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Ankle Sprain / Strain

This video features one of our patients, Courtney, who came to Airrosti suffering from a bilateral ankle sprain. She came into her appointment using crutches and walked out on her own two feet. Because Airrosti treats pain directly at the source without painful injections or surgeries, it only takes an average of three visits for our patients to get back to their active lifestyles, pain free. Learn more about what to expect at your first Airrosti visit.

Ankle Sprain

A sprained ankle is a very common injury. Approximately 25,000 people experience it each day. A sprained ankle can happen to athletes and non-athletes, children, and adults. It can happen when you take part in sports and other physical activities. It can also happen when you simply step on an uneven surface or step down at an angle.

The ligaments of the ankle hold the bones and joint in position. They protect the ankle joint from abnormal movements, especially twisting, turning, and rolling of the foot. When a ligament is forced to stretch beyond its normal range, a sprain occurs. A severe sprain causes actual tearing of the elastic fibers. The most common ankle sprain occurs on the lateral or outside part of the ankle.

When a sprain occurs, blood vessels will leak fluid into the tissue that surrounds the joint. Along with inflammation, swelling from the fluid and pain is experienced. The nerves in the area become more sensitive, so pain is felt as throbbing and will worsen when pressure is placed on the area. Warmth and redness are also seen as blood flow is increased. Also present is a decreased ability to move the joint, and difficulty using the affected leg. Depending on the severity of the sprain, a person may or may not be able to put weight on the foot.

Some people are predisposed to ankle sprains. In people with a hindfoot varus, which means that the general nature or posture of the heels is slightly turned toward the inside, these injuries are more common. This is because it is easier to turn on the ankle. In those who have had a severe sprain in the past, it is also easier to turn the ankle and cause a new sprain. Therefore, one of the risk factors of spraining the ankle is having instability. Those who have weak muscles may be more predisposed. Risk factors also include those activities, such as basketball and jumping sports, in which an individual can come down on and turn the ankle.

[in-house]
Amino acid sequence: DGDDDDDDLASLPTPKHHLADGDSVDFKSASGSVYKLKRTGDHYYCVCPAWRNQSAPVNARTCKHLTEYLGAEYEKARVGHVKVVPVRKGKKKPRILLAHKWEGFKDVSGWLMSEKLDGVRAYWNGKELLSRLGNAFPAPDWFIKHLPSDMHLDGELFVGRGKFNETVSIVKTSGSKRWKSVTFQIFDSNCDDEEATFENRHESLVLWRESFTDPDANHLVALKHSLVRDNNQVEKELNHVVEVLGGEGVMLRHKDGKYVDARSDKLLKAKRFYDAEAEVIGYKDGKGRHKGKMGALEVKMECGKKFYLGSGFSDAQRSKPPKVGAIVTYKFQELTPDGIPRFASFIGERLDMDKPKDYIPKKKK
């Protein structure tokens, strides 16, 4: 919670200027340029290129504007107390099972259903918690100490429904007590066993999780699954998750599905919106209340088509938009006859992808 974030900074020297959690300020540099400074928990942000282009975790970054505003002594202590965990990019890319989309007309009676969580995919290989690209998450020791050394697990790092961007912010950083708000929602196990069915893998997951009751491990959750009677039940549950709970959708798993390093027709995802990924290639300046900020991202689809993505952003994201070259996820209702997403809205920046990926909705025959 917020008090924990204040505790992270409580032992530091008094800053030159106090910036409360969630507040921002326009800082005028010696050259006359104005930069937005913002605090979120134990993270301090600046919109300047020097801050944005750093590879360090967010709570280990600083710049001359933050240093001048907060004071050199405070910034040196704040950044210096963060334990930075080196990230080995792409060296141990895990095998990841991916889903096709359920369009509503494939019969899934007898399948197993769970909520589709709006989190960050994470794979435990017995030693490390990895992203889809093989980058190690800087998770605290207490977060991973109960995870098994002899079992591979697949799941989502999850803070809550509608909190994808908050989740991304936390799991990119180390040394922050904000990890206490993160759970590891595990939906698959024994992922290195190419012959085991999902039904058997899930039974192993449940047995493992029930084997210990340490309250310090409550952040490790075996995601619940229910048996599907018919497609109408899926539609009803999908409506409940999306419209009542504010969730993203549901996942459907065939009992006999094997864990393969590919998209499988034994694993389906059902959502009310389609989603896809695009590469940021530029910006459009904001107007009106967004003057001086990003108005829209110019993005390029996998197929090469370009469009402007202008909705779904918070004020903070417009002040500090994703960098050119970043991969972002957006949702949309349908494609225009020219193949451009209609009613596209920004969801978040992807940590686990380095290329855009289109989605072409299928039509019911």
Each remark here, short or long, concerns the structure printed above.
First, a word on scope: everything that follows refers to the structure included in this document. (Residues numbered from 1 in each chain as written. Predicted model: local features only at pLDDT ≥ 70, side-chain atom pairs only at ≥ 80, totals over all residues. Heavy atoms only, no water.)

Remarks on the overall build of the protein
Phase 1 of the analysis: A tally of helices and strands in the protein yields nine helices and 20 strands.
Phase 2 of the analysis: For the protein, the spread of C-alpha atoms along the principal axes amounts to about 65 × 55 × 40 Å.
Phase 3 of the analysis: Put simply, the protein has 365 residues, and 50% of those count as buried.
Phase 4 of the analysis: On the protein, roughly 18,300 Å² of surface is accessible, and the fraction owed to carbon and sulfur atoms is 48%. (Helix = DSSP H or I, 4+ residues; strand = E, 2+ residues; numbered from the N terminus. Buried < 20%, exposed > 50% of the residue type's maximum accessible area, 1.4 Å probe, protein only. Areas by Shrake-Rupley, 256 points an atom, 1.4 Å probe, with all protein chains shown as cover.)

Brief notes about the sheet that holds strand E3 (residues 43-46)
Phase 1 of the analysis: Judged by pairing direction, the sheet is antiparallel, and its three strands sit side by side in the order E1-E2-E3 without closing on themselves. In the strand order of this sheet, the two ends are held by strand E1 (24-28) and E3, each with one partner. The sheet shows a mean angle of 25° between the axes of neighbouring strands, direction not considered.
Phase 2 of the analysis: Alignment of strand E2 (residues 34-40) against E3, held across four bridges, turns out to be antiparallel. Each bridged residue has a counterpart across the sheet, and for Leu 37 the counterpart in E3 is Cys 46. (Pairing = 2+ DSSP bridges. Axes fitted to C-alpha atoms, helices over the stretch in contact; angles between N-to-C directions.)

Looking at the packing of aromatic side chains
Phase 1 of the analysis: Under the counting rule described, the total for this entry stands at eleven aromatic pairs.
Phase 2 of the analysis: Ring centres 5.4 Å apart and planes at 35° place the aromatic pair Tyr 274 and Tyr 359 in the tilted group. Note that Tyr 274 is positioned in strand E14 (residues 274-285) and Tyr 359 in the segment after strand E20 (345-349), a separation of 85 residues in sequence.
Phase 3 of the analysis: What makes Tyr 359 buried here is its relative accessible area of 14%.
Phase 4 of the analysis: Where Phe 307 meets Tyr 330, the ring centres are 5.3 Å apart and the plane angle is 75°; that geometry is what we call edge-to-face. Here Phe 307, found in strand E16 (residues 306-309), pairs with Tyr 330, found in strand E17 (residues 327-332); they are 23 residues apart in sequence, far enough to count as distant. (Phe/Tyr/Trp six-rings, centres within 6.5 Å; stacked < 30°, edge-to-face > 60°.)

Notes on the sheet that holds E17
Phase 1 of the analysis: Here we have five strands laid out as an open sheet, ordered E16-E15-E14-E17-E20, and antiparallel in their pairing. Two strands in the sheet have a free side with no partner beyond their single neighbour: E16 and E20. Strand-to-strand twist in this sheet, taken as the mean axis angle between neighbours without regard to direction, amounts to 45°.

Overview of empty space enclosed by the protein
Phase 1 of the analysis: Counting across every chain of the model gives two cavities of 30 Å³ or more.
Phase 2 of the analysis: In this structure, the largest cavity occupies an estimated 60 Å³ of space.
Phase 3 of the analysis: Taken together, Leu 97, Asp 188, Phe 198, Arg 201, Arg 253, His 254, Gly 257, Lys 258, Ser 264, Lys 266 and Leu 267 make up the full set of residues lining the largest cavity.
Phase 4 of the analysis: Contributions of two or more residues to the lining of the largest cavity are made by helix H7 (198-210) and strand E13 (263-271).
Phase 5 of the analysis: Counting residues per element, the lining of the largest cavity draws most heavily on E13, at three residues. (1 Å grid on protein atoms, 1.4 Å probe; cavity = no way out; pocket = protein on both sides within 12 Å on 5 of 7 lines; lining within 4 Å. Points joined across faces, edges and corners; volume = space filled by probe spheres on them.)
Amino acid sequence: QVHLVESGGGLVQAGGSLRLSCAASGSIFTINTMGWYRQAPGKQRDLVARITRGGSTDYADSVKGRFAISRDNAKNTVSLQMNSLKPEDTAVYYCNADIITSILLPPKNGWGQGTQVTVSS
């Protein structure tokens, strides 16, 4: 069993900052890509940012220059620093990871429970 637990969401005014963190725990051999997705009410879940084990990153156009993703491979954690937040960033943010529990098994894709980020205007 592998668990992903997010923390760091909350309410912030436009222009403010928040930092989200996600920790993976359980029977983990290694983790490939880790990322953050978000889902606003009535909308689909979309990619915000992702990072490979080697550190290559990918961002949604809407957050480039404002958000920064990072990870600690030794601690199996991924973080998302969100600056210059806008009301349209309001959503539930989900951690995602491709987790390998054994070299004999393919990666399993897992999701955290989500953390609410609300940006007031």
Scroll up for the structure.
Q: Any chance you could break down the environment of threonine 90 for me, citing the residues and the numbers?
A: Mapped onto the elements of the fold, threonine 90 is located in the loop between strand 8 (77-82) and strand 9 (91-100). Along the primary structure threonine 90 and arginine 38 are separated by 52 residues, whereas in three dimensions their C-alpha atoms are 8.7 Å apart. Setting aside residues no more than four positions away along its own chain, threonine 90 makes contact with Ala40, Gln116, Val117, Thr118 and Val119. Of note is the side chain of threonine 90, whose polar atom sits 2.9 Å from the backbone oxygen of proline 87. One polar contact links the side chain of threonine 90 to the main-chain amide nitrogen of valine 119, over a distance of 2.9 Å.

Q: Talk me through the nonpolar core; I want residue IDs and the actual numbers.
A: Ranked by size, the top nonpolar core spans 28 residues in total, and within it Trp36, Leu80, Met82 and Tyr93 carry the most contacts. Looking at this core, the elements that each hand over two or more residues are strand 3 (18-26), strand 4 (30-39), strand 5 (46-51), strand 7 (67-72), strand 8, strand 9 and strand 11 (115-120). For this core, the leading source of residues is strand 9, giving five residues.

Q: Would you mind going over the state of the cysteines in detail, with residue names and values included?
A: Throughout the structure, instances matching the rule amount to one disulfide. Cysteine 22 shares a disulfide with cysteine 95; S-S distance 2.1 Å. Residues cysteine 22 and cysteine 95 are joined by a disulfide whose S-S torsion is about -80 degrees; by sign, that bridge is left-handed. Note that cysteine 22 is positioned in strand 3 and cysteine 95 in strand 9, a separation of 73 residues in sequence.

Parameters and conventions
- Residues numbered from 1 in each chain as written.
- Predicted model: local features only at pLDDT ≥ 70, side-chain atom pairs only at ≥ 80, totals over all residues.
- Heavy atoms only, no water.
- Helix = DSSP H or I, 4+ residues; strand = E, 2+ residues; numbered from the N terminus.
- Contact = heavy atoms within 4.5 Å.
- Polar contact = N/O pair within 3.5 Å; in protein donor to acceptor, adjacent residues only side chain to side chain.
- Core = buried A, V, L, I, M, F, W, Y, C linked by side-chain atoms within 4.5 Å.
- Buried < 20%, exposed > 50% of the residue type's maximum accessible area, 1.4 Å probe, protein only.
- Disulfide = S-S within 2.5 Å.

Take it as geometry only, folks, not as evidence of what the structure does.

Traditional Treatment Options

Sprains and strains are common among the athletic community. Unfortunately, the lengthy recovery process typically associated with traditional treatment of these injuries often negatively impacts an entire season and significantly derails training progress. Traditional treatment usually involves rest and several weeks of physical therapy to rebuild strength and range of motion. During this treatment/recovery period, patients are typically advised to avoid strenuous activity as there is a high occurrence of re-injury or the development of chronic problems.

The grade of the sprain dictates treatment, as well as the patient’s ability to bear weight on the ankle. Those patients who cannot bear weight are often prescribed a removable walking boot until they can comfortably do so.  High ankle sprains take considerably longer to heal than other sprains.

If you’re a professional or amateur athlete who can’t afford to sit on the sidelines for several weeks, or if you’re just a fitness enthusiast who loves staying active and healthy, consider Airrosti. Our quality care approach helps rapidly speed recovery of your injury, and most patients are able to return to activity immediately (even while treatment is still in progress).

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